Ten former National Football League players, including former Washington Redskins running back Clinton Portis, were charged with cheating an NFL health care program for retired players out of millions of dollars by faking the purchase of expensive medical equipment like hyperbaric oxygen chambers and ultrasound machines.

They even put in for an electromagnetic therapy device designed for horses, the U.S. Justice Department said.

The 10 players submitted more than $3.9 million in false reimbursement claims in 2017 and 2018, according to a pair of federal indictments unsealed Thursday citing charges of wire fraud, health care fraud and conspiracy to commit both. The U.S. named two more players it said it would charge.

The dozen included those who recruited other players eligible for the health plan -- submitting or helping them submit fake claims and then taking a cut of the payments -- and those for whom the claims were made, the U.S. alleged. Some were both recruiters and claimants. Some impersonated others over the phone to check on the status of their claims.

“By defrauding the plan and treating it like their own personal ATM machine, sadly, the defendants placed the plan’s tax-exempt status at risk and threatened the ability of law-abiding former players to continue to receive tax-free reimbursements for legitimate medical expenses for themselves or their families,” Assistant Attorney General Brian Benczkowski said in a statement.

The plan’s tax-favored status was contingent on cash payments to participants being made only for legitimate medical expenses, according to the U.S.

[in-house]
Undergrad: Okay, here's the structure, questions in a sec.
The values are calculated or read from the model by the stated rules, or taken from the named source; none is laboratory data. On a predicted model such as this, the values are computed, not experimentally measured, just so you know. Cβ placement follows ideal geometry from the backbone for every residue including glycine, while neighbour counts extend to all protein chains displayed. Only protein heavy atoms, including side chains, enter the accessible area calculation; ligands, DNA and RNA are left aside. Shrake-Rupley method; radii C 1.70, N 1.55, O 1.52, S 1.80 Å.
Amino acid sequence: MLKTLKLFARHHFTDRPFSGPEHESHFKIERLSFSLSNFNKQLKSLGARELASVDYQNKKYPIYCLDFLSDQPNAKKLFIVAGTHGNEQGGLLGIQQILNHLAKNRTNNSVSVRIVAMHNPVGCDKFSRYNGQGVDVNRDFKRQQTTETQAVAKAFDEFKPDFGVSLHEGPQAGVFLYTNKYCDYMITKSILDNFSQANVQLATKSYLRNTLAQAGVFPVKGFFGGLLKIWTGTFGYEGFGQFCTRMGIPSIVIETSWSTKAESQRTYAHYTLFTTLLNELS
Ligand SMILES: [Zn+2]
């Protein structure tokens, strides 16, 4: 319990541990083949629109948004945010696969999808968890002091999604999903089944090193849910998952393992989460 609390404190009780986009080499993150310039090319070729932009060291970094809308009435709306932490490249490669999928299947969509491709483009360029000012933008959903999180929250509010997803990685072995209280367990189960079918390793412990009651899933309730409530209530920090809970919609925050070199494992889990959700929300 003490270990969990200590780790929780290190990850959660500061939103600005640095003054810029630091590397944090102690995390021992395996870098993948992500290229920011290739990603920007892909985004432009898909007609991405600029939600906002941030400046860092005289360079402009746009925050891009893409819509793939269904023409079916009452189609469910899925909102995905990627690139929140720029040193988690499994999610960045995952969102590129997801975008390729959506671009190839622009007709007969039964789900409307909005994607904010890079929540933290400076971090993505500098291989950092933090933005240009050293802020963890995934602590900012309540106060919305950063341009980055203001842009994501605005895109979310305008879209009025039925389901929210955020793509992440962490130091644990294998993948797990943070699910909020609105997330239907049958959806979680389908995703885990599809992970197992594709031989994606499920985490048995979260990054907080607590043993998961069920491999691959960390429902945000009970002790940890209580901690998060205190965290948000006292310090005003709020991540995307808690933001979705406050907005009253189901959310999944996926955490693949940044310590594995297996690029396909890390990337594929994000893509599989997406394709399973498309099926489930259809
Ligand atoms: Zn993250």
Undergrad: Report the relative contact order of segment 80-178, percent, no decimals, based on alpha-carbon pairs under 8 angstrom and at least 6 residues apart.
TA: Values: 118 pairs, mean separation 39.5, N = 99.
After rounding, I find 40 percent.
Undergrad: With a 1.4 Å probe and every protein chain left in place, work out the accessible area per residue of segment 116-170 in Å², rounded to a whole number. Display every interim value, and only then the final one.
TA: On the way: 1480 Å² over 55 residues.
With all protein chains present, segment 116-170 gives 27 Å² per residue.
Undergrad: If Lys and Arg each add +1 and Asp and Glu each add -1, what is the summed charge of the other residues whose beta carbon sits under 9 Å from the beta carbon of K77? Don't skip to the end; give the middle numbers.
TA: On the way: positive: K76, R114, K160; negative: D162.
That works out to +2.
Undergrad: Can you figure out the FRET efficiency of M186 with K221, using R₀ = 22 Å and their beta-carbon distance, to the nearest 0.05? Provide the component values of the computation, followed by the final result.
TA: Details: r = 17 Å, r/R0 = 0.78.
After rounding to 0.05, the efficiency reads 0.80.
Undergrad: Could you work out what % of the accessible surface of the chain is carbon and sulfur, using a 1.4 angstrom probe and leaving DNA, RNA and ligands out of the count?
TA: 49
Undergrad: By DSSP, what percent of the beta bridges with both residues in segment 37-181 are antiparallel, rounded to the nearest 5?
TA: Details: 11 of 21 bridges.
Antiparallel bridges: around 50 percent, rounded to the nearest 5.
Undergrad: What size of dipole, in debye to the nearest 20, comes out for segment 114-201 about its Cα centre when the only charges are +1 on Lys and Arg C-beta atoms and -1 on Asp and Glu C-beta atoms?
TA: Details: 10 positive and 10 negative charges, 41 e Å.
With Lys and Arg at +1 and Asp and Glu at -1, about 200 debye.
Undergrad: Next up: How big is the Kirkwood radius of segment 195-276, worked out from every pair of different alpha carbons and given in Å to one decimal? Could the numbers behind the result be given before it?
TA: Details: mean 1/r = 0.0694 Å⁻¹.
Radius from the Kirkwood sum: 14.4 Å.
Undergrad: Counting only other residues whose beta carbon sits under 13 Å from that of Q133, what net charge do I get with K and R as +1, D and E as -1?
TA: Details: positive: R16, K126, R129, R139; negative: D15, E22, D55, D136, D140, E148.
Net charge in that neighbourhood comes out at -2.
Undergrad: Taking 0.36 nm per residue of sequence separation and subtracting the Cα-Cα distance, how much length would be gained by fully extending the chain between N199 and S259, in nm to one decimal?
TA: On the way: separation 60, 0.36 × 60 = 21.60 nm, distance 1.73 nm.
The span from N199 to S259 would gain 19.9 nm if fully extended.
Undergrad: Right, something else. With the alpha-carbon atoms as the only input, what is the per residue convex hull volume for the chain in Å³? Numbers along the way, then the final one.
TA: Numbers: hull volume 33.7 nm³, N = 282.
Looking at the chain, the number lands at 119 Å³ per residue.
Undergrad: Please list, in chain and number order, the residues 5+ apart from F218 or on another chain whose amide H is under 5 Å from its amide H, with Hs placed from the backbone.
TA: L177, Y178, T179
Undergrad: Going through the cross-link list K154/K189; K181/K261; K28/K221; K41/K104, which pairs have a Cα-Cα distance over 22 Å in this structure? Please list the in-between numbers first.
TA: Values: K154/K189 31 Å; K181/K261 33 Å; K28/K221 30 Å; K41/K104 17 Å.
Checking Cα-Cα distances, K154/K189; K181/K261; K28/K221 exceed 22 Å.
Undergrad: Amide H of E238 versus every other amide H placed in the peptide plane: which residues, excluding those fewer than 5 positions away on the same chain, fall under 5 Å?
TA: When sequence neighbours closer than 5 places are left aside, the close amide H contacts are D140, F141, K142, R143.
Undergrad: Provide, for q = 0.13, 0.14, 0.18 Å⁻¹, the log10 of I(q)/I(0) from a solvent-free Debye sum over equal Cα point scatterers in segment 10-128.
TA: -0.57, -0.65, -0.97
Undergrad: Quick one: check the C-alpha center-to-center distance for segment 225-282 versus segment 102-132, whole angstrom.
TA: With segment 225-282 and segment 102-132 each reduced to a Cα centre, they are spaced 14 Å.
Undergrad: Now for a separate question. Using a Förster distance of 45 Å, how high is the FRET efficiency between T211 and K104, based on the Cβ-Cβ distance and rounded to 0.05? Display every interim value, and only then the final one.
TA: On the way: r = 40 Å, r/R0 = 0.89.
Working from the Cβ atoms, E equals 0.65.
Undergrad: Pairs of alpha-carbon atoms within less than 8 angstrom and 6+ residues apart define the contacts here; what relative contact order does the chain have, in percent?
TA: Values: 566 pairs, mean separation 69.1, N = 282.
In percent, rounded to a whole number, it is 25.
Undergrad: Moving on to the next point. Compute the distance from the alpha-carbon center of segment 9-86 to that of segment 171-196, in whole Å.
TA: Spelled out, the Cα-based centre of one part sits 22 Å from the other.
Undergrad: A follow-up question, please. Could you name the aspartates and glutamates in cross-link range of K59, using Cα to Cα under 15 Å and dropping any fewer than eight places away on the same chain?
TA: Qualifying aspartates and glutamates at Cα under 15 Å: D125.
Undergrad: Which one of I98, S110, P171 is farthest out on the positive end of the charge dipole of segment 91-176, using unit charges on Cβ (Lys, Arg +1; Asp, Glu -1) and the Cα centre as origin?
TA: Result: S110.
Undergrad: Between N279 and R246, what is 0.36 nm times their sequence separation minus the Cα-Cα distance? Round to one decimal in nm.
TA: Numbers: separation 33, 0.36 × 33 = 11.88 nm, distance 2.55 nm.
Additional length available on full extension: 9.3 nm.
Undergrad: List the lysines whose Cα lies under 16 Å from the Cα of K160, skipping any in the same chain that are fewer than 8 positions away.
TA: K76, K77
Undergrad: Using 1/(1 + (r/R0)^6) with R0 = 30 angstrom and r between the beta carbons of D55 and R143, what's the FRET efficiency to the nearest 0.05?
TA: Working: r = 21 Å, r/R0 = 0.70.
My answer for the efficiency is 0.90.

Beyond the dozen players named, one of the indictments included the initials of three players the government says took part in the scheme and who may yet be charged. No current players are believed to have been involved, the U.S. said. It said the investigation continues.

Claims of $40,000 to $50,000 were common, the government said. Forged documents submitted for reimbursement included bills from medical equipment companies as well as letters and prescriptions from health care providers.

The total loss to the health plan was $3.4 million, according to Robert Duncan, U.S. attorney for the Eastern District of Kentucky. The alleged fraud stopped when Cigna Healthcare Inc., the plan’s administrator, discovered it and stopped paying. Cigna then alerted federal authorities.

Cigna didn’t respond to a request for comment. An attorney for Portis wasn’t available for comment.

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